Explosive Device Is Detonated Outside Alabama Attorney General's Office

The incident happened as Alabama grapples with a controversial IVF ruling, which AG Steve Marshall said he wouldn't enforce.

Alabama Attorney General Steve Marshall revealed Monday that an explosive device was detonated outside his office building over the weekend.

No one was hurt, and officials are carrying out an investigation. The explosive was set off a day after Marshall said he would not enforce the state Supreme Court’s controversial new ruling on in vitro fertilization, though his office did not connect the two events.

“In the early hours of Saturday, February 24, an explosive device was detonated outside of the Alabama Attorney General’s Office building in Montgomery,” Marshall said in a statement. “Thankfully, no staff or personnel were injured by the explosion. The Alabama Law Enforcement Agency will be leading the investigation, and we are urging anyone with information to contact them immediately.”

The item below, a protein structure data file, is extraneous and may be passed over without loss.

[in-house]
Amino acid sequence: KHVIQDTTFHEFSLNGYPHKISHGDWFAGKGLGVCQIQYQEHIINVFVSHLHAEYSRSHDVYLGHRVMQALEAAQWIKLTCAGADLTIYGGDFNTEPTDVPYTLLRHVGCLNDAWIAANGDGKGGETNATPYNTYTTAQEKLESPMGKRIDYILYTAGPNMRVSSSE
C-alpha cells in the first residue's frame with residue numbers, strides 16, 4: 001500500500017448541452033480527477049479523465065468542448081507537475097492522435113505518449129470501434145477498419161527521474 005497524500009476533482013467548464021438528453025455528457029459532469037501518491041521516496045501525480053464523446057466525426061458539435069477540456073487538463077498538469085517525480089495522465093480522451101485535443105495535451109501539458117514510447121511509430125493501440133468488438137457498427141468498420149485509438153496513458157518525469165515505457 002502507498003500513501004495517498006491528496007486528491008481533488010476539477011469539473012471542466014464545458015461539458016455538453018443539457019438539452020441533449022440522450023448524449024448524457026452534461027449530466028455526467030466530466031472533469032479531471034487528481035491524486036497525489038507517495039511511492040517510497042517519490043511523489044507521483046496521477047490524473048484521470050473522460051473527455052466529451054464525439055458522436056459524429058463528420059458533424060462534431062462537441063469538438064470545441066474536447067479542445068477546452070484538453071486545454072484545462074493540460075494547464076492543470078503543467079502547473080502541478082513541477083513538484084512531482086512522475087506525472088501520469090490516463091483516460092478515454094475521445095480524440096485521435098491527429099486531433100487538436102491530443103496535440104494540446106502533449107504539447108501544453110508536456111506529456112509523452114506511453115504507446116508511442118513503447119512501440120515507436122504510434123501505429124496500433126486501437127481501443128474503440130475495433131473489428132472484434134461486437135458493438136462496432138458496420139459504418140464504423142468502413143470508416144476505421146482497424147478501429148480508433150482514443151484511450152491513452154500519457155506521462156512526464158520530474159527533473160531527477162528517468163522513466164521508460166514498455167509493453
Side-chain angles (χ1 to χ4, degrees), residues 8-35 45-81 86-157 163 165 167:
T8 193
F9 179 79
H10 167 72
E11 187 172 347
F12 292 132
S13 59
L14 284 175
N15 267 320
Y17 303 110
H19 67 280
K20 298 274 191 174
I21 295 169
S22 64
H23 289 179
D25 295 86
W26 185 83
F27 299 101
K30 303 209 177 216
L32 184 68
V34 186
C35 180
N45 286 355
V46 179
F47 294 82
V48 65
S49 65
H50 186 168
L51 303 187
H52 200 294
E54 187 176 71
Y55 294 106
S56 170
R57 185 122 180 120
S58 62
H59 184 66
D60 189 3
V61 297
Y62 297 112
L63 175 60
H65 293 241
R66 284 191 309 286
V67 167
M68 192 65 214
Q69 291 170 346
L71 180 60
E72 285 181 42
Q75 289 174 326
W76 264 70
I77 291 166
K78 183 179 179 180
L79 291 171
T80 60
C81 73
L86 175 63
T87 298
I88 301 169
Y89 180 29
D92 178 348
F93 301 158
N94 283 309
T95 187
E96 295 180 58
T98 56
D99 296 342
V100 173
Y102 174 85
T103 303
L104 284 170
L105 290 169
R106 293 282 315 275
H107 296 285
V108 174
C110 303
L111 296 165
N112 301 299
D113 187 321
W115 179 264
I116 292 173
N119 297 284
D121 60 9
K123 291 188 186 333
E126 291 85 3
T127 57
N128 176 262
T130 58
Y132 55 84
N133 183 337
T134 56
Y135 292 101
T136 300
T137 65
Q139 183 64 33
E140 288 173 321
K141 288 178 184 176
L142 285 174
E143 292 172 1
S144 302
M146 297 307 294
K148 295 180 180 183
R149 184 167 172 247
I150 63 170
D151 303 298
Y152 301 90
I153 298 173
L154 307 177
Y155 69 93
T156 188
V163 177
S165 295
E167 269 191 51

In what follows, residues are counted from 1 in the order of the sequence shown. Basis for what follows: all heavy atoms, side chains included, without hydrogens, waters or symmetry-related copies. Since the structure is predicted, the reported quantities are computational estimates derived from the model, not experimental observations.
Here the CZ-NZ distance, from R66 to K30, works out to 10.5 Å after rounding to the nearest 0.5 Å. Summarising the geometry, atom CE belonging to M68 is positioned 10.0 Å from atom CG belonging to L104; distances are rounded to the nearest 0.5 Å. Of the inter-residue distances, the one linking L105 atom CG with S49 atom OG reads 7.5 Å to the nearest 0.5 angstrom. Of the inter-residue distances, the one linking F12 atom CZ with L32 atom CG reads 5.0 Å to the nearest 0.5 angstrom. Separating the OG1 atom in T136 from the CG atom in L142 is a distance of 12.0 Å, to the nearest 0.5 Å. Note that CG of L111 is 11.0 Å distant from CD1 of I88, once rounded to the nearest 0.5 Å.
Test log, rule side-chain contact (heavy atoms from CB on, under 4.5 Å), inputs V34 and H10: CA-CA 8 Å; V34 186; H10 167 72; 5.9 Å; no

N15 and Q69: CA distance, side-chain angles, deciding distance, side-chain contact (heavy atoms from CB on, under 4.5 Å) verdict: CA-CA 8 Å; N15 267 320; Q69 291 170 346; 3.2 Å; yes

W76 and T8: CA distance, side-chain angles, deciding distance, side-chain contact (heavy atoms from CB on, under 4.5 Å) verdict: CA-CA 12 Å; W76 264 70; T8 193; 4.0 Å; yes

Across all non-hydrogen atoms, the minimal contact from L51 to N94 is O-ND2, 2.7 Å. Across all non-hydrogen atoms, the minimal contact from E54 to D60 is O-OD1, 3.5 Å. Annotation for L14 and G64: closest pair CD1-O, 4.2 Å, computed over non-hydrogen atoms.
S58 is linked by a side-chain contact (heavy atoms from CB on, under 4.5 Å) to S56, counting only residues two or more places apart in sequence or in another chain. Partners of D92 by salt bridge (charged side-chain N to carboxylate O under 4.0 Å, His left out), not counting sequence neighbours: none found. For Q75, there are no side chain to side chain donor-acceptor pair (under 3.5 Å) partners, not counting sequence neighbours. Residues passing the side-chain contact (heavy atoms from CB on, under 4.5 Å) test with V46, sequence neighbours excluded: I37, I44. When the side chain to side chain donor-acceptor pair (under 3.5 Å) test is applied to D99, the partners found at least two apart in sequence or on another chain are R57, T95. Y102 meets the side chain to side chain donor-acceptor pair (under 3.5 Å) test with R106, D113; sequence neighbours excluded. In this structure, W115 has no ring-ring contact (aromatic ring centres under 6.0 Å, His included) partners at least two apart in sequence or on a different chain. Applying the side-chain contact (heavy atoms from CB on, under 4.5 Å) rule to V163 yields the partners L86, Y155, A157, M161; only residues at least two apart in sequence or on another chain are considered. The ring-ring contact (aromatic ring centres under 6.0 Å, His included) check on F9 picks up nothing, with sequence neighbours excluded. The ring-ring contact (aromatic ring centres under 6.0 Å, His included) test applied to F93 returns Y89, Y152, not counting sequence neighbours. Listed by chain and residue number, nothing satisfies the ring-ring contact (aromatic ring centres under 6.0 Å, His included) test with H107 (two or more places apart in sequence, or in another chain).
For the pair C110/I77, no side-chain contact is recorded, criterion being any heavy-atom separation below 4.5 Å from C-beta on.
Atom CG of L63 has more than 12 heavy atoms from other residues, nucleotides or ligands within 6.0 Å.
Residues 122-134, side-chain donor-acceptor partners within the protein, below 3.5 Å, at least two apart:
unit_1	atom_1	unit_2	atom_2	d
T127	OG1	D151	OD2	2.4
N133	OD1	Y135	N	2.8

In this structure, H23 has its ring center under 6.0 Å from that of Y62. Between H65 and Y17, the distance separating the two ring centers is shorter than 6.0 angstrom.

It was not clear from the statement if the device exploded on its own or was blown up by law enforcement.

Alabama Attorney General Steve Marshall said an investigation of the device is underway.
Alabama Attorney General Steve Marshall said an investigation of the device is underway.
Alex Wong/Getty Images

A day before the device was detonated, Marshall’s office said he had “no intention of using the recent Alabama Supreme Court decision as a basis for prosecuting IVF families or providers.” His office issued the statement after multiple IVF clinics in the state announced last week that they would no longer be able to provide IVF services out of concern over criminal prosecution after the court ruled that embryos are legally children.

Marshall is one of several Republicans who spoke out against the ruling’s consequences, even though the party has been pushing for years for fetuses and embryos to be legally recognized as human beings. High-ranking Republicans issued a flurry of statements on Friday saying they support IVF access, though they didn’t address how it could coexist with such a ruling.

The question over embryos, which may be kept frozen until being implanted into a patient through IVF, ended up before the state Supreme Court after a clinic employee accidentally dropped and destroyed some frozen embryos. Three couples who owned the embryos sued under Alabama’s Wrongful Death of a Minor Act, and the court sided with them.

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